Chuy’s decided over the weekend to close four of its 104 restaurants by the end of the year, according to a securities filing, making it the latest casual-dining chain to shutter stores in the face of falling traffic.
At least two of the restaurants, in Annapolis, Md., and Tuscaloosa, Ala., were closed immediately, according to local media reports.
Chuy’s suggested in releasing its third quarter earnings report that closings might be coming. The company noted that five restaurants had been identified as underperforming during the quarter, resulting in a $7.1 million noncash loss for those properties.
The chain said at the end of the previous quarter that it would back off on expansion until traffic rebounds in the casual-restaurant market. Chuy’s guest counts declined 1.9% in Q3, but same-store sales rose 2.6% on a 4.5% increase in the average check. Two restaurants have opened since the end of Q2.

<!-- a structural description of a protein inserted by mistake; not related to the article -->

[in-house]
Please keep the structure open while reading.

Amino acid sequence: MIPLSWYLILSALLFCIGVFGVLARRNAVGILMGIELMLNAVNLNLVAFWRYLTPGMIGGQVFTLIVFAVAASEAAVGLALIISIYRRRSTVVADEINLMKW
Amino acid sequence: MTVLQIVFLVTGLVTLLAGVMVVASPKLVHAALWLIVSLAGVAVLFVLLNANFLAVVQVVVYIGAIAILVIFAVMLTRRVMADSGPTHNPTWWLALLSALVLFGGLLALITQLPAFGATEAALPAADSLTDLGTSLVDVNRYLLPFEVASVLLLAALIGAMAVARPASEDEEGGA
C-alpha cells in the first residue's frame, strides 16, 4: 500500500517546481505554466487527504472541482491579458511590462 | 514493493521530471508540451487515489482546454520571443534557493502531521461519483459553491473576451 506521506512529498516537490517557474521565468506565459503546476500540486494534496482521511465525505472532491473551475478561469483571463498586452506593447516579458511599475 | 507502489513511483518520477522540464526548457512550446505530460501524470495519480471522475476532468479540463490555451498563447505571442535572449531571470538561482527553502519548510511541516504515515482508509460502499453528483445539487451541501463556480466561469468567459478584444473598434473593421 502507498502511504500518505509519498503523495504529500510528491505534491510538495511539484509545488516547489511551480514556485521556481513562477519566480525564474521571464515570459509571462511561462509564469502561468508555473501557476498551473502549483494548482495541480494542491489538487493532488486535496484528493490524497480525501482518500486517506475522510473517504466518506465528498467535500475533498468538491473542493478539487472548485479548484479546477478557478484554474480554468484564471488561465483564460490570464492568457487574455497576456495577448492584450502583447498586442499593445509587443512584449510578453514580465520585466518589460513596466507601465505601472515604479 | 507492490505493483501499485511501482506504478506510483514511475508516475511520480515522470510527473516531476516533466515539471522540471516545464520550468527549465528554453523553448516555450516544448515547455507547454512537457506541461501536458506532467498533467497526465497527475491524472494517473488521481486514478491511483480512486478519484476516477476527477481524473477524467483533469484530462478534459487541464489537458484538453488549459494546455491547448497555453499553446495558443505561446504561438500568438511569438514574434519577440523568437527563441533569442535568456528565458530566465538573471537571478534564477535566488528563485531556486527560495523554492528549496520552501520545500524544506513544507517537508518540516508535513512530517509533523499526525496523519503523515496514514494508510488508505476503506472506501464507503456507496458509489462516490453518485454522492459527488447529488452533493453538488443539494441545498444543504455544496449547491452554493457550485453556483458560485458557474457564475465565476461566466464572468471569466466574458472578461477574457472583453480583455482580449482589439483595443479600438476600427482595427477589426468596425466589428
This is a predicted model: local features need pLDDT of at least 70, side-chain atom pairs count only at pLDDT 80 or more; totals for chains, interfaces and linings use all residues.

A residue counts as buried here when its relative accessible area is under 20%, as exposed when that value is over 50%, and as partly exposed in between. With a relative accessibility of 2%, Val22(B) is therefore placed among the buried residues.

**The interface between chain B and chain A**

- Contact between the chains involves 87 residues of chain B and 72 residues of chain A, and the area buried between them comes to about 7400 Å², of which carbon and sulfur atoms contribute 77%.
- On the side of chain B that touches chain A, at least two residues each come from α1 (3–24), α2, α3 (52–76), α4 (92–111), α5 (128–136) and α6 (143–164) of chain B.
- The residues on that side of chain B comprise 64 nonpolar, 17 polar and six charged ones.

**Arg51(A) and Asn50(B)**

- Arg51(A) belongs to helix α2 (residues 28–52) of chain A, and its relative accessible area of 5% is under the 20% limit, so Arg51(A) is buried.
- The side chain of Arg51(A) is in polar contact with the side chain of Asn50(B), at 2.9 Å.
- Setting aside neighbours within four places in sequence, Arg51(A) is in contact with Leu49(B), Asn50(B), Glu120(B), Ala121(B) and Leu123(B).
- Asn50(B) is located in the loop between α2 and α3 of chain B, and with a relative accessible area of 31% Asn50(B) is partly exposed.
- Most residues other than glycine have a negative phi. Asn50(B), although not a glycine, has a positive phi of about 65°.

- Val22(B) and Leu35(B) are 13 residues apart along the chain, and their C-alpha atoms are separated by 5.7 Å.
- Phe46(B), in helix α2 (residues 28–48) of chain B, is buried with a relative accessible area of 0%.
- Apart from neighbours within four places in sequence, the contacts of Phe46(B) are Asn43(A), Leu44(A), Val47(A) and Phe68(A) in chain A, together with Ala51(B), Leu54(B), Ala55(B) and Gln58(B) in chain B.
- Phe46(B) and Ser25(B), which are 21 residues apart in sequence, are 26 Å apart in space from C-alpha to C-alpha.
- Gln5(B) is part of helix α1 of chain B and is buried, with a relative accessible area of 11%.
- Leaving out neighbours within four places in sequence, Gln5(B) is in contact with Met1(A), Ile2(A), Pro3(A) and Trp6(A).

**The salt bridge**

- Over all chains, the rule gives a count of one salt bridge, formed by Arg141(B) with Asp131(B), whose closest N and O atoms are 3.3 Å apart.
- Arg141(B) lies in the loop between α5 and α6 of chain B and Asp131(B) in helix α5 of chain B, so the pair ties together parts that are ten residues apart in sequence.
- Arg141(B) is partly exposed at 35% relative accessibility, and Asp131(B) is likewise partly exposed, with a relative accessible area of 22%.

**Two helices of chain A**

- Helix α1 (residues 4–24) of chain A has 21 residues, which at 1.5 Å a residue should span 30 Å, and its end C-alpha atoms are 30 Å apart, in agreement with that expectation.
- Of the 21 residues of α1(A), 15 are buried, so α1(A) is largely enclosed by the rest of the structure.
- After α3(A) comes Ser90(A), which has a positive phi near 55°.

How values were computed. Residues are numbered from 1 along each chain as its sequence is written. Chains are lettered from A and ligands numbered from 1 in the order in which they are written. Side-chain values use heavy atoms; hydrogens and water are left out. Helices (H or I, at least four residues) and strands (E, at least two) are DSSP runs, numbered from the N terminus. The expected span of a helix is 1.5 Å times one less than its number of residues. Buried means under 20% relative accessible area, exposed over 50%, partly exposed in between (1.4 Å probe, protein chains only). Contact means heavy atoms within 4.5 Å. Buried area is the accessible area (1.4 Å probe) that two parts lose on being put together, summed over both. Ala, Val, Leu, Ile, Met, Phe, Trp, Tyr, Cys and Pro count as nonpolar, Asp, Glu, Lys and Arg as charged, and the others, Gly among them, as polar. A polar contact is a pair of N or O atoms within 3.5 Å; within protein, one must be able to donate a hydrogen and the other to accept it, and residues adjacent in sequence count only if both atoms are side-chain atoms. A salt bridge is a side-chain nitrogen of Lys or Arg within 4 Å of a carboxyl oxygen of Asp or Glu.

Industry customer counts fell overall by 3.5% during the third quarter, according to research company Black Box Intelligence.
A number of full-service chains have been closing units in the face of declining traffic, which many observers attribute to an oversupply of restaurants. Friendly’s, Red Robin and Del Frisco’s have all pruned their systems of weak operations in recent weeks, following larger-scale shutdowns earlier in the year.
Pizza Hut has said it could close as many as 400 of its sit-down restaurants, while Steak ‘n Shake has shut 106, though it maintains those closings are temporary.
Don Pablo’s Grille Mexicana and Farrell’s Ice Cream Parlour have shut down completely.
Chuy’s reported a loss of $1.8 million for Q3, compared with a shortfall of $7.5 million for the year-ago quarter.